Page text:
The taming of the inbox monster
Microsoft research indicates the average Outlook user reads 1,800 emails and deletes an average of 1,500 emails per month. Other sources cite that many corporate email users handle more than 200 messages a day. How do you manage this volume of messages without coming down with email OCD, that is, the temptation to constantly check your email?
Microsoft Outlook, and other email programs, are tools to help you manage not only your email but also your calendar, contacts, and tasks. As such, it is at the center of not only your communications but also your time management. To get the most out of Outlook for handling your incoming email, let’s look at some basic principles.
(Note: although some of the features mentioned are specific to Outlook, most of these ideas can help you manage your email and time regardless of the program you use).
Establish a Routine
Every time you move away from your work to check email, you lose focus and productivity. When should you check email? There are a variety of viewpoints, although most time management and productivity experts agree that one of the keys is to have a schedule or plan on how and when you handle your email.
One approach is to check your messages first thing in the morning, sometime around lunch, and then near the end of your work day. Some people shut down Outlook during the other periods in their day just to avoid the temptation. You may find that a different strategy works better for you. Most important is to set a routine you can follow through on so incoming email stops being a big distraction and energy drain.
Tame Your Inbox with the Four D’s. When reading your email, decide whether to:
• Delete it. If it isn’t important, delete it immediately.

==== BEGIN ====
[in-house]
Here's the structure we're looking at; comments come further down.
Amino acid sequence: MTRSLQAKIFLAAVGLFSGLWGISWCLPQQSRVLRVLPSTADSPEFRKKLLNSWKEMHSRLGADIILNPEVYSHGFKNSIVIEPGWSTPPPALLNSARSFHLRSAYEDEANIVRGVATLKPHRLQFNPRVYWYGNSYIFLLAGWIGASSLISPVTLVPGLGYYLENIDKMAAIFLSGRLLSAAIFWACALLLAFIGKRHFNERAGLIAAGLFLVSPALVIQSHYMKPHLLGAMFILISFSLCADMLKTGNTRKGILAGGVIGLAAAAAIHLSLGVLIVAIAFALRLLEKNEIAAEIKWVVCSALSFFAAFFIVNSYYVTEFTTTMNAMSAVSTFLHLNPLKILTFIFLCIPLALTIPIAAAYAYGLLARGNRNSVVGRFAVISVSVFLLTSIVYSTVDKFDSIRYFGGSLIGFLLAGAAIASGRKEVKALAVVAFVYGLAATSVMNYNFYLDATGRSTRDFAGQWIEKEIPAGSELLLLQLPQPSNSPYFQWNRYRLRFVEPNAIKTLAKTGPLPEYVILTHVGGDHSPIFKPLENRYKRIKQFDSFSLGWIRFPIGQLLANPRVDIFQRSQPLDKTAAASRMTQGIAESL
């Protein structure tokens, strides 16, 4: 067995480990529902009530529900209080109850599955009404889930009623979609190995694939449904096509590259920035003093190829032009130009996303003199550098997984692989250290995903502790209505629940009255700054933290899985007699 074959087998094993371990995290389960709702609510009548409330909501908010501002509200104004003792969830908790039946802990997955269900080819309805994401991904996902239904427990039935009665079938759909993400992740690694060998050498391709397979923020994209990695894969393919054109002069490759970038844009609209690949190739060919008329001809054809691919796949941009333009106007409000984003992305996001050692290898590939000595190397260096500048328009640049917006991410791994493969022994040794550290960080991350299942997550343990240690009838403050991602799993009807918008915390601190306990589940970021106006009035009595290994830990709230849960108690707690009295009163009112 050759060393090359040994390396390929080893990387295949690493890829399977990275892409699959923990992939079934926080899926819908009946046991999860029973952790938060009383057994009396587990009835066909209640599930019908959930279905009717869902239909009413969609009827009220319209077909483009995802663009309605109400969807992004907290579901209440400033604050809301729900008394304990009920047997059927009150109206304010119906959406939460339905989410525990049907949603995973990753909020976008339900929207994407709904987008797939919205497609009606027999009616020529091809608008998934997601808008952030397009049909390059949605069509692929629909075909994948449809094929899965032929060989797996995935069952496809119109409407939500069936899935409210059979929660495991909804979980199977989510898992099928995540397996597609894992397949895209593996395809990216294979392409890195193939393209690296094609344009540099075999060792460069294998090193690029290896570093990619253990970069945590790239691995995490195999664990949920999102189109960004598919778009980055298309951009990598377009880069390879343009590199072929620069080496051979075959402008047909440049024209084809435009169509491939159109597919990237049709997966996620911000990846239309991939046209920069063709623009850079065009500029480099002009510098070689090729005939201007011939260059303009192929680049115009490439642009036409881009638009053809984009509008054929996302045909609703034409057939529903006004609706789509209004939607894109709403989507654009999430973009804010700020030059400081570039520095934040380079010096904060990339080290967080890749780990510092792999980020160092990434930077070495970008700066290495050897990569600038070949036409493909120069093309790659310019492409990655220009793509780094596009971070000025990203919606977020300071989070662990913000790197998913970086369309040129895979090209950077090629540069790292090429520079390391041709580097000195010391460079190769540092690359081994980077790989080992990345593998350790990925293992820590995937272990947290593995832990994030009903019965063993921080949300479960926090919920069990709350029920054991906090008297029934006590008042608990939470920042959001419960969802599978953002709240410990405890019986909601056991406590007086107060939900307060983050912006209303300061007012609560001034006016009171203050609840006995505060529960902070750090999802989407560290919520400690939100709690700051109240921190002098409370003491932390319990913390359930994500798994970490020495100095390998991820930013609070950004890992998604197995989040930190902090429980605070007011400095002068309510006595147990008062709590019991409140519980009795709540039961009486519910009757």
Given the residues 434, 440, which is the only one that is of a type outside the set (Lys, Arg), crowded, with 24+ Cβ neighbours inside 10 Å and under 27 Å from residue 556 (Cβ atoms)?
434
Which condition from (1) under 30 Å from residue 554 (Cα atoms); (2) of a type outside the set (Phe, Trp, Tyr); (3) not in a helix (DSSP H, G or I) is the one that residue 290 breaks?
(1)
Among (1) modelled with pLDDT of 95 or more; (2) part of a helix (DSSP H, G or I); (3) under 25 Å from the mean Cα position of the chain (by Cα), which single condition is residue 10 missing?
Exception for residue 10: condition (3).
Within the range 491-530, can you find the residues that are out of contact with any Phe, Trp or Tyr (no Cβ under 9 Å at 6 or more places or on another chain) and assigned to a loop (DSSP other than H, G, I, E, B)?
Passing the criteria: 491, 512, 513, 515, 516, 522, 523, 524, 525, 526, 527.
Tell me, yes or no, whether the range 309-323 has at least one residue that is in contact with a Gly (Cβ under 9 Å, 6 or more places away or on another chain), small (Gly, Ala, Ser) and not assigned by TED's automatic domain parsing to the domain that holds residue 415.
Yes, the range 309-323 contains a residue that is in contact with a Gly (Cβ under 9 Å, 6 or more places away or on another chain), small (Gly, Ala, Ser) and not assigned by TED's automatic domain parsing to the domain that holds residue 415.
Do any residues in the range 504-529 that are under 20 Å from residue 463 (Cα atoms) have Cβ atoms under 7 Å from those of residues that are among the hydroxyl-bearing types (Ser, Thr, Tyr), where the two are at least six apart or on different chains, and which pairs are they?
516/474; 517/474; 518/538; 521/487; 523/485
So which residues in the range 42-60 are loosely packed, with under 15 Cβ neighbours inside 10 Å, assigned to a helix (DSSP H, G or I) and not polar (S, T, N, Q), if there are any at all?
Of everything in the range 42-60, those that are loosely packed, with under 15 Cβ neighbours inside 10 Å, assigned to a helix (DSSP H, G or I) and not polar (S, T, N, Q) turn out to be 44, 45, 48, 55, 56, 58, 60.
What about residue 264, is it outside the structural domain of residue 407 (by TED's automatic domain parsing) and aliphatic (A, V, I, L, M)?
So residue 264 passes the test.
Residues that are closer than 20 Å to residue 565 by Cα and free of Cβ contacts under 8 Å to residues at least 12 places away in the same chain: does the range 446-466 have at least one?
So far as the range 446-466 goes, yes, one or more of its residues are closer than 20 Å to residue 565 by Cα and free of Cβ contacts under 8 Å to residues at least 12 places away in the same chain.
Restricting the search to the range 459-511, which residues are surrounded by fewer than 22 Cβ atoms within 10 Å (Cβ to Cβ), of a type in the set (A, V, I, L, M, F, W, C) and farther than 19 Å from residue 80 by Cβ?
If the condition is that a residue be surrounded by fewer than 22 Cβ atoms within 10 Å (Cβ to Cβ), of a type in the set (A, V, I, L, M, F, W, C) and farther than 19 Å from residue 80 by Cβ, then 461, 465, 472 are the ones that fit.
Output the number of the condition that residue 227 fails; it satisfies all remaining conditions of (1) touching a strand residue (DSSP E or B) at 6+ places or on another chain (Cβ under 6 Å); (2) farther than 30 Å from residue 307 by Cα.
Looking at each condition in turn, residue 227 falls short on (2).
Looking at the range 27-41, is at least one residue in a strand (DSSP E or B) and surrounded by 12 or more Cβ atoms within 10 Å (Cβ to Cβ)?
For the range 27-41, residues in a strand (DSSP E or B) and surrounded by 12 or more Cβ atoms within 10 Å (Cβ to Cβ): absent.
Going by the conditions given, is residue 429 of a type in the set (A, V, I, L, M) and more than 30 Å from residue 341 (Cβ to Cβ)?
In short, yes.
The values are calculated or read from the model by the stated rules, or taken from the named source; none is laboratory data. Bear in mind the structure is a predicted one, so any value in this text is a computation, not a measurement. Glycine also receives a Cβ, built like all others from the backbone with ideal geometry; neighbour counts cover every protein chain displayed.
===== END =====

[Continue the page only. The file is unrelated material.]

• Do it (respond, file, call, etc.). If it can be done in two minutes or less, do it.
• Delegate it (forward). If it isn’t for you or if you can, delegate (forward) it.
• Defer it (using color categories and flags) for a second review in your task list. If you need to do it, but it takes longer than two minutes (including reading) defer or hold off on it.
Choose Your Response
Has this ever happened to you-you get a phone call from someone asking if you received the email they just sent out 15 minutes ago? Apparently, they are waiting impatiently in front of their computer expecting you to respond immediately regardless of what you may be doing at the time. Maybe they should have just called you at the start!
Still, some messages may require a quick response even if you have limited time while others can wait.
• Acknowledge messages that require a more extensive response. If you are too busy to respond with a full answer right away, let the sender know you are looking into the issue and will respond by a certain time or date. Flag the message to do later.
• Disable automatic alerts. Turn off automatic sounds and visual alerts so you are not so easily pulled back into your Inbox every time a new message arrives. Unless you are working with some critical deadlines requiring email communication or are pressed to respond ASAP, stick with your chosen schedule for checking and responding to your messages.
Eliminate the Clutter in Your Inbox
In addition to initiating fewer email messages, look at other ways to reduce the messages in your Inbox:
• Publish frequently requested information on your company website and make sure the website is quickly updated when changes occur.
• When you are sending out informational messages that do not require feedback, discourage unnecessary responses by using formal language and begin and end messages with No Reply Needed or FYI Only.
• Unsubscribe to electronic newsletters you don’t read and move others out of your Inbox to folders for reading during travel or other down times. Don’t unsubscribe to mailings you never initiated or you may further open the flow of junk mail.
• If you are running Outlook on Microsoft Exchange, setup the Out of Office Assistant or Automatic Replies features to respond to incoming messages when you are not available to answer your email. Clearly state your response time, when you will return, and who can be contacted during your absence.
Apply these best practices and other time management strategies to free you up from your Inbox.